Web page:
Adwoa is walking …. and so does Nyamekye!!

It is a well-known fact and proven yet again this year that PCC is a good and very stimulating environment to learn how to walk.

Adwoa has lived in PCC and worked in the Sheltered Workshop for several years now. She is a young adult from Sunyani who should be going to her relatives during the holidays. However, reality is that she is staying in PCC almost all the time because her family is letting her down in this respect in spite of the considerable pressure we put on her relatives to have her coming over for the holidays. It seems her father has threatened her mother with a divorce if she picks up Adwoa to stay with them for a couple of weeks during vacation time. Unfortunately we are often confronted with this attitude of (especially) fathers towards their disabled child. In fact it proves that the problems that disabled children in Ghana are facing do not belong to the past, far from it. That is of course the reason why PCC was founded 24 years ago and nowadays there still is an urgent need for a safe and caring Community like Hand in Hand.
Adwoa is a very sweet and optimistic young woman, though. She is slightly intellectually disabled and she is not able to talk well. She also has physical limitations, she is not able to stretch her legs and as consequence she cannot walk, only with bent knees. But she is very skilled at moving from one place to another in her wheelchair. And she is great at swinging and dancing on her knees! In the Workshop she is very good at working at a handloom, which of course suits her very well.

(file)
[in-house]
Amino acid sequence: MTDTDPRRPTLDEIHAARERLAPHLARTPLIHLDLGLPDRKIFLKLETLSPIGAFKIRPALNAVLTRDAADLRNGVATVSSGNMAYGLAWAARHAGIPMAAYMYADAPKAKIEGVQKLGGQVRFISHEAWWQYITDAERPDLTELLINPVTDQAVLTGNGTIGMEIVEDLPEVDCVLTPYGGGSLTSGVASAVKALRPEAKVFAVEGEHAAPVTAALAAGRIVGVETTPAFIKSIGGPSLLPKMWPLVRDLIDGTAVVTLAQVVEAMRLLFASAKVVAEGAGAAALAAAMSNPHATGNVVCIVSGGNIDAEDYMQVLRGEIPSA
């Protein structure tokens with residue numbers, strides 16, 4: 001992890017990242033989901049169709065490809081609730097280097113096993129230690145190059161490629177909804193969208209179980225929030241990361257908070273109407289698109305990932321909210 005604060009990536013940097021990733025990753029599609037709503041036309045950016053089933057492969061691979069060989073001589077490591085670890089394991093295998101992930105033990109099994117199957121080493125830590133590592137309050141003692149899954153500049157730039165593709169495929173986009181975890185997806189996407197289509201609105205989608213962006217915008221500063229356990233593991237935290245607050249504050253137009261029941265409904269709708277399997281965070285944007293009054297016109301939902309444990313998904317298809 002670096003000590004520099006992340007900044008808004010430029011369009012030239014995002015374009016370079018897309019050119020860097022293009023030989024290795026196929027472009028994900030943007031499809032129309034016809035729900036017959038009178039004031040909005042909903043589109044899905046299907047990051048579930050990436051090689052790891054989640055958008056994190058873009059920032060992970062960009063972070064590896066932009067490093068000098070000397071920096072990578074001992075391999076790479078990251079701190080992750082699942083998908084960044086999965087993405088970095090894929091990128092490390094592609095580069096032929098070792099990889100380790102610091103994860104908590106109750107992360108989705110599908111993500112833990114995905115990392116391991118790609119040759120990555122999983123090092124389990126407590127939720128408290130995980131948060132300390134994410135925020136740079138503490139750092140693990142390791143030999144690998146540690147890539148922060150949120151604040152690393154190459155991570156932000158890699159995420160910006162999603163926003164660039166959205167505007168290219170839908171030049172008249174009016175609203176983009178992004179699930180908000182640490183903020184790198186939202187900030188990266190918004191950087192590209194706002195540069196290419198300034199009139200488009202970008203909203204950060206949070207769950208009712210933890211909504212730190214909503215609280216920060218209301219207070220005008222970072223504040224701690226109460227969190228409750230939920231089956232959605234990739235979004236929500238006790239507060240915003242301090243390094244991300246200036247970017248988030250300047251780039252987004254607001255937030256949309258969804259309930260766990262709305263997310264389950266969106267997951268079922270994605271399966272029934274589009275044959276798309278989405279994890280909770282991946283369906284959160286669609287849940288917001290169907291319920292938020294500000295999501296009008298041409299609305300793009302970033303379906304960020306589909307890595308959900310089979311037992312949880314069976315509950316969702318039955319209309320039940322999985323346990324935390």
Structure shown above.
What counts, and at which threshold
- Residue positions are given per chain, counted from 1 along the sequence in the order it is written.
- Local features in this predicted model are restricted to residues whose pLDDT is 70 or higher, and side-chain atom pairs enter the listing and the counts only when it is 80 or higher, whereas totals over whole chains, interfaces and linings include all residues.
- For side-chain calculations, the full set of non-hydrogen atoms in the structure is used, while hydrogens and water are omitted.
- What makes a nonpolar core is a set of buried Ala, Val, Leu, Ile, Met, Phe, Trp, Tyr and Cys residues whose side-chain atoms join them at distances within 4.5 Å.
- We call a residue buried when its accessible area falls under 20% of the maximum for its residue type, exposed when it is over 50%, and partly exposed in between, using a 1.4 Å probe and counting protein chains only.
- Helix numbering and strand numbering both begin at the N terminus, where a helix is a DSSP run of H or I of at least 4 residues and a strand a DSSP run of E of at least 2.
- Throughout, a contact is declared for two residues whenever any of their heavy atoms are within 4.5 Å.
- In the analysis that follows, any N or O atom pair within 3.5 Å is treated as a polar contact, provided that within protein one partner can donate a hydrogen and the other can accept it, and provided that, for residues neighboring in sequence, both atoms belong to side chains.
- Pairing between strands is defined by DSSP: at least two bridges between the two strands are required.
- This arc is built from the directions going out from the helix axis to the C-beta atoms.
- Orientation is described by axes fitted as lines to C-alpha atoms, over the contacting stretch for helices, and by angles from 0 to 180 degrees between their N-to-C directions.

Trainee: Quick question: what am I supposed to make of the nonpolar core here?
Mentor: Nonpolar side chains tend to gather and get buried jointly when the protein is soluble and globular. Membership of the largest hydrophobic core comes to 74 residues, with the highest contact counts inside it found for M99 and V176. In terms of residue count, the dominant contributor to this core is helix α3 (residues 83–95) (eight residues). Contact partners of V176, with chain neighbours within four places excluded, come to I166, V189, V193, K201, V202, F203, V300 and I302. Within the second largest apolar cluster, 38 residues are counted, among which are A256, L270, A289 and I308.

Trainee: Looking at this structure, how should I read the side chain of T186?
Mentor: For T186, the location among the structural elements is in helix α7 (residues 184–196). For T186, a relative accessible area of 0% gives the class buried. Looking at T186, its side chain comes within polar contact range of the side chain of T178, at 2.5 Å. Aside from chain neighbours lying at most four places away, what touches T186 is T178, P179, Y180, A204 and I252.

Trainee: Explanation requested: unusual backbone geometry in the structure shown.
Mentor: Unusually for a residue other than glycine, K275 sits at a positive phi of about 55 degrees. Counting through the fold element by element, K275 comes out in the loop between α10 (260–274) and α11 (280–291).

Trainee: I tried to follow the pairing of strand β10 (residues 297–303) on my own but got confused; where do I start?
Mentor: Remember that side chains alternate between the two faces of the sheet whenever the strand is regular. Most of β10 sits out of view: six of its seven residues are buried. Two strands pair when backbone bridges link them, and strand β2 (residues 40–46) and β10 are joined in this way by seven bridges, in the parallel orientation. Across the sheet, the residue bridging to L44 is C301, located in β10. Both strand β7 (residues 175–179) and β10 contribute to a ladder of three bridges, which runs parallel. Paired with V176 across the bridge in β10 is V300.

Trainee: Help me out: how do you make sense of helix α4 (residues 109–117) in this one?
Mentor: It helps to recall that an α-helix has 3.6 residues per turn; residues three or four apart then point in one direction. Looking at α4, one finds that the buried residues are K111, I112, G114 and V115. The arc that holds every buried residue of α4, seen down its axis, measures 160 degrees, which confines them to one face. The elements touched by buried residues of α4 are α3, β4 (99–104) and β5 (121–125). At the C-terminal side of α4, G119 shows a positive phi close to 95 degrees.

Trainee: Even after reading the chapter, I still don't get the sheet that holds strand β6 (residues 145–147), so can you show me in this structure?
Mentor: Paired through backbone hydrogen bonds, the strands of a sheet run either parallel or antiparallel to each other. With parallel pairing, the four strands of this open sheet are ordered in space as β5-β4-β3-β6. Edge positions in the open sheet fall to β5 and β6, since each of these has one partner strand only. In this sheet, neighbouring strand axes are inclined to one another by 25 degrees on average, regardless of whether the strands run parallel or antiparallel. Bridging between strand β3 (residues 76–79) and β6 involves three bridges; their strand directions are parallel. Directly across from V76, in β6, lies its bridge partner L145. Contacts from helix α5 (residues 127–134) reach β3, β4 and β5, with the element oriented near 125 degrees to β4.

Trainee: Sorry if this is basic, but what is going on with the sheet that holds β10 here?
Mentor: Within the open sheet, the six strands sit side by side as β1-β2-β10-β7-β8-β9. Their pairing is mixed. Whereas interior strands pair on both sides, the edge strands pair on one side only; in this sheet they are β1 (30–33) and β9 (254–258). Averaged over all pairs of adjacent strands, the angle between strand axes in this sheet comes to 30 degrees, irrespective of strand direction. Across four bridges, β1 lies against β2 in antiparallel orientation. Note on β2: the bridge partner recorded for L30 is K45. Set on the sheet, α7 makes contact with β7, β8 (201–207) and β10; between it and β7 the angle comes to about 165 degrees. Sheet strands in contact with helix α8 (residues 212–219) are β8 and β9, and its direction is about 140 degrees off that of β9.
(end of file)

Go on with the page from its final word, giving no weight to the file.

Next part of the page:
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Thanks to the help of the Abesim Rehabilitation Centre and the expertise of Teus van de Kamp, who works for this centre, ortheses were fitted for both of Adwoa’s knees and lower legs in January. And she has been practising with them every day since then, supported herself with a walking frame. It is wonderful and inspiring to watch her walk, but it certainly is not “easy-peasy” in spite of the devices. She is working arduously and persistently and with a broad smile on her face.
In all honesty one is confronted with a question, which arises more often in these kinds of cases. Is walking with the help of ortheses and a walking frame really a step forward for her or is using her wheelchair a better and faster way of moving eventually? Time will learn, for now learning how to walk certainly contributes to her self-esteem and is making her proud!
Maybe less exceptional but not less pleasant to look at is the fact that Nyamekye, our youngest resident, has learnt how to walk in the mean time and is strolling along the compound. He is 17 months old now and he is having a good time exploring an ever-growing world. You can see in his eyes that he has having great fun.
Some time ago I already put the same text over a column of mine and I can safely repeat it here:
PCC is marching on nicely, it has been proven again!